• With continued reference to FIG. 9, the breech sleeve grooves 96 and the bolt head lugs 94 are shown in perspective views of the breech sleeve 84 and barrel 12 and bolt 30. The bolt head lugs 94 surround a dished face 130 for receiving the rim of a cartridge loaded in the chamber 80. The diameter of the dished face 130 is dimensioned to suit a compatible cartridge with which the bolt 30 is meant to be used, so that a larger-diameter cartridge will prevent the bolt 30 from being fully slid to the unlocked home position by not fitting into the dished face and thus not allowing the bolt 30 to be properly seated. The ejector pinhole 126 and the extractor slot 128 are each located with reference to the dished face 130 for ejecting the discharged cartridge casing. Additionally, the bolt 30 includes a stop track 132, which interacts with a movable stop pin (not shown) mounted to protrude into the centre of the receiver 14. Depending on the length of a compatible casing, the stop track 132 may be formed closer to the bolt head 56 (for a shorter cartridge) or further from the bolt head 56 (for a longer cartridge). Thus the stop track 132 limits the stroke of the bolt 30 for ejecting and loading cartridges.
  • The breech sleeve 84 includes a forward outwardly projecting rim 134, which provides a limit to the distance that the breech sleeve 84 may be inserted into the flared portion 90 of the receiver 14. With additional reference to FIGS. 10-13, the barrel nut 16 clamps the breech sleeve rim 134 against the receiver 14 to hold the barrel 12 firmly attached to and aligned with the receiver 14. The barrel 12 includes the protruding pin 86 that mates into the matching slot 88 formed in the receiver 14 to ensure alignment of the feed ramp 82 to the feed slot 58. The pin 86 protrudes no further outward than an outer surface of the receiver 14, so as not to interfere with threading of the barrel nut 16.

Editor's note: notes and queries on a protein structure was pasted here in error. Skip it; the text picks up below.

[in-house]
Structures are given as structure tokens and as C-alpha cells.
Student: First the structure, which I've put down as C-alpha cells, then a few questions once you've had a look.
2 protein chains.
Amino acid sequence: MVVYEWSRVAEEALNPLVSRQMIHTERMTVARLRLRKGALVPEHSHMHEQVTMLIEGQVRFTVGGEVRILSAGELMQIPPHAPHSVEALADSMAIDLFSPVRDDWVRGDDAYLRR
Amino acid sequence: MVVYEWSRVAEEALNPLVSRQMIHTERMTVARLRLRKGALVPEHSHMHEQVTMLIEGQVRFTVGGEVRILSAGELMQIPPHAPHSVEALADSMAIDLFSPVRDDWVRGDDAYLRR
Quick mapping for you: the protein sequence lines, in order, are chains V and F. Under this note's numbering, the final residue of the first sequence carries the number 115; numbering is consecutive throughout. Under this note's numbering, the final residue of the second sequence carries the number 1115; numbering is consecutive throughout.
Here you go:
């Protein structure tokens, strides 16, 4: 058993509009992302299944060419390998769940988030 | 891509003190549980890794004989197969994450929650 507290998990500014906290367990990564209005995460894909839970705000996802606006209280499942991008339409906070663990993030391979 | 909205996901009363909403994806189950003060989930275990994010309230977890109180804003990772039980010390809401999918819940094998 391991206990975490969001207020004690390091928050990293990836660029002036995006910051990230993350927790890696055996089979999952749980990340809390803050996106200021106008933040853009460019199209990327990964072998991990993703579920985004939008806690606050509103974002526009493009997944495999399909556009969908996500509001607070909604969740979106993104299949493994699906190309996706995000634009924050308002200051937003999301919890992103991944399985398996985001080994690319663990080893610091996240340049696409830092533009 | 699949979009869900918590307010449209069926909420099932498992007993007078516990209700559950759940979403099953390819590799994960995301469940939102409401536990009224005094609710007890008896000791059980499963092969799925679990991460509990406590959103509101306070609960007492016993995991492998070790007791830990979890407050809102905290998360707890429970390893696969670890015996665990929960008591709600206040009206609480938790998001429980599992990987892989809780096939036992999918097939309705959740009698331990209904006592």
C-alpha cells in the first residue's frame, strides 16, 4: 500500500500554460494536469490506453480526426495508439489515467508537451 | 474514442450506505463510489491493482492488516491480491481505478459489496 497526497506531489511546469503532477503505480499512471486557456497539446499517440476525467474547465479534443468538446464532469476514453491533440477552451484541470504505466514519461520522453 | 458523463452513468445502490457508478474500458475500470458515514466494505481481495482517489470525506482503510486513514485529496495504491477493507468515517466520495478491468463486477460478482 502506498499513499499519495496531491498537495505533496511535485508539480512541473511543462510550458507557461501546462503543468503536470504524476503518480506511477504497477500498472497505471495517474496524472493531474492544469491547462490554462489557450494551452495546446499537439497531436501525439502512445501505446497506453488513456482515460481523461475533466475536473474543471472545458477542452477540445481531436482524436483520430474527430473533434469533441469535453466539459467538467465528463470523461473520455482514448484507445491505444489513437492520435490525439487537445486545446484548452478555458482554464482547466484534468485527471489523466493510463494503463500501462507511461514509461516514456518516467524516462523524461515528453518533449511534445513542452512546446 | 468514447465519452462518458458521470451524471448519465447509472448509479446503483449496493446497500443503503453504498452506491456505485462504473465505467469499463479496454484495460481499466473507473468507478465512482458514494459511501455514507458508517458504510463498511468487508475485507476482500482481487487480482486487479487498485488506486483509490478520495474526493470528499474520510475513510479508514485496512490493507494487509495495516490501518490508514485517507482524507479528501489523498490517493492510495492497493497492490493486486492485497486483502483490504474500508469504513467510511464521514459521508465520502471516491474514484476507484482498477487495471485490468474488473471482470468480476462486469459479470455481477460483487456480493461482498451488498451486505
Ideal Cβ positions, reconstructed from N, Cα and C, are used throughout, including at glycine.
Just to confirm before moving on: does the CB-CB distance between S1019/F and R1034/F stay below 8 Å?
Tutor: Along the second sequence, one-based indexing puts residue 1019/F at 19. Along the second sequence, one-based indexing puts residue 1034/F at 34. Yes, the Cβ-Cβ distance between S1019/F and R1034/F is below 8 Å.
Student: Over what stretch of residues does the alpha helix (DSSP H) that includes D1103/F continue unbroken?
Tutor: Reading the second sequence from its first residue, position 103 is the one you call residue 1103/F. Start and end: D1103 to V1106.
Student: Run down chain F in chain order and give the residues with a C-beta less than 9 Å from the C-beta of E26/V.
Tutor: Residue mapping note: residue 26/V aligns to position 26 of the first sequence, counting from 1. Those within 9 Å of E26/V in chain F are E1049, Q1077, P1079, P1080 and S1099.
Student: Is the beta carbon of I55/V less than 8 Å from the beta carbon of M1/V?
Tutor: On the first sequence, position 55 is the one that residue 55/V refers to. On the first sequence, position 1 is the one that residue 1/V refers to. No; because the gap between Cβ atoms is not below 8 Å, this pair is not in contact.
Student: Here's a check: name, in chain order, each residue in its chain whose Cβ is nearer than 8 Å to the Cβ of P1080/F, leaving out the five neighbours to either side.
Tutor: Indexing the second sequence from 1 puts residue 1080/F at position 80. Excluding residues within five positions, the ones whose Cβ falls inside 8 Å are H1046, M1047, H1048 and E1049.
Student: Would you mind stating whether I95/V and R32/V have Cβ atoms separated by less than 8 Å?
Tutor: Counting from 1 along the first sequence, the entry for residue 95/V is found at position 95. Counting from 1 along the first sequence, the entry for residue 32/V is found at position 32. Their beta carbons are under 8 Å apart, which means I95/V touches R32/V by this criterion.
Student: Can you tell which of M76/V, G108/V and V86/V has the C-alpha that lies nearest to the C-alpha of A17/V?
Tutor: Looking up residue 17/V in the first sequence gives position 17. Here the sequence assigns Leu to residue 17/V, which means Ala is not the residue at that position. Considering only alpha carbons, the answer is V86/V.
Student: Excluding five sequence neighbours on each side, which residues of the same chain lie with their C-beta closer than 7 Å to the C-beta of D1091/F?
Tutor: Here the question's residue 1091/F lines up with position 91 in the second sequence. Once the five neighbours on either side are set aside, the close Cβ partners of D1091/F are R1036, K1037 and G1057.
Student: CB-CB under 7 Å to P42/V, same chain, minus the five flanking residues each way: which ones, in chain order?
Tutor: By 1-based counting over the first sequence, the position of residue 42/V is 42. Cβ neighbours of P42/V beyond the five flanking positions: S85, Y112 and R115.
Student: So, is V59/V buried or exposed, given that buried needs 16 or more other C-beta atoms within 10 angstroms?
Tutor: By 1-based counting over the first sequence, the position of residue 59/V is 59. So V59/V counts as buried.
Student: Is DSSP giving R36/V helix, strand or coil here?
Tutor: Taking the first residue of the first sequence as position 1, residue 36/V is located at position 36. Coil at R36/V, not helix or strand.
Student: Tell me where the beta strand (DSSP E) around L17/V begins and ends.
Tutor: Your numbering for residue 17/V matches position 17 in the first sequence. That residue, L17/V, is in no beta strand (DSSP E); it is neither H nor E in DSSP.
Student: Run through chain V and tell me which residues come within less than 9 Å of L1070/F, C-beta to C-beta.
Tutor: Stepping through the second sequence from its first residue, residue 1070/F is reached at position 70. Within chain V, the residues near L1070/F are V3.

• FIG. 10 shows a series of steps for a method 200 of assembling the rifle 10, which are illustrated in FIGS. 11-18. The method 200 includes: step 202, assembling the removable barrel with the scope; step 204, attaching the receiver to the barrel; step 206, assembling the receiver and barrel sleeve to the stock; step 208, assembling the magazine insert and guard plate to the stock; step 210, assembling the bolt; step 212, assembling the bolt to the receiver; and step 214, inserting the magazine.
  • In particular, FIG. 11 shows step 202 that includes assembling the barrel nut 16, the cantilever mount 102, the ring clamps 100, and the scope 98 onto the barrel 12. Initially, the barrel nut 16 is slid onto the barrel 12 from the muzzle end until the barrel nut 16 rests against the rim 134 of the breech sleeve 84. The cantilever mount 102 can then be screwed onto the barrel 12 to capture the barrel nut 16 between the mount 102 and the rim 134 of the breech sleeve 84. The scope 98 is attached to the mount 102 with ring clamps 100.
  • FIG. 12 shows step 204 that includes assembling the receiver 14 to the barrel 12, and assembling the action 48 to the receiver 14, thereby forming an upper assembly of the rifle 10. In particular, the barrel 12 is assembled to the receiver 14 by inserting the breech sleeve 84 into the flared portion 90 of the receiver 14, with pin 86 sliding into slot 88 to align the breech sleeve 84 to the receiver 14. Then the barrel nut 16 is threaded onto external threads 136 formed at the forward end of the receiver 14 about flared portion 90. Rotation of the barrel nut 16 attaches the breech sleeve rim 134 to the receiver 14. For adequate preload, a barrel wrench 300 and a V-bolt handle 400 may be used as further discussed below with reference to FIG. 20. For enhanced engagement of the barrel wrench 300, the barrel nut 16 includes dovetail grooves 138, as further discussed below with reference to FIG. 20. Before or after attaching the barrel 12, the action 48 is fastened to the receiver 14 with the sear 52 protruding up through the sear slot 54. Assembly of the action 48 may be omitted for changing the barrel of an otherwise assembled rifle.
  • FIGS. 13 and 14 show in perspective view steps 206 and 208 that includes assembling the receiver 14, the magazine well insert 78, and the guard plate 22 to the stock 18. As discussed above, different sizes of magazine well inserts 64 are provided to accommodate different magazines 62, according to the lengths and diameters of cartridges to be held in each magazine 62. Each magazine well insert 64 is dimensioned to appropriately locate a compatible magazine 62 within the one-size magazine well 66 formed in the stock 18, such that a compatible cartridge may be smoothly swept by the compatible bolt 30 from the magazine tray 52 up the feed ramp 82 and into the chamber 80 of the compatible barrel 12.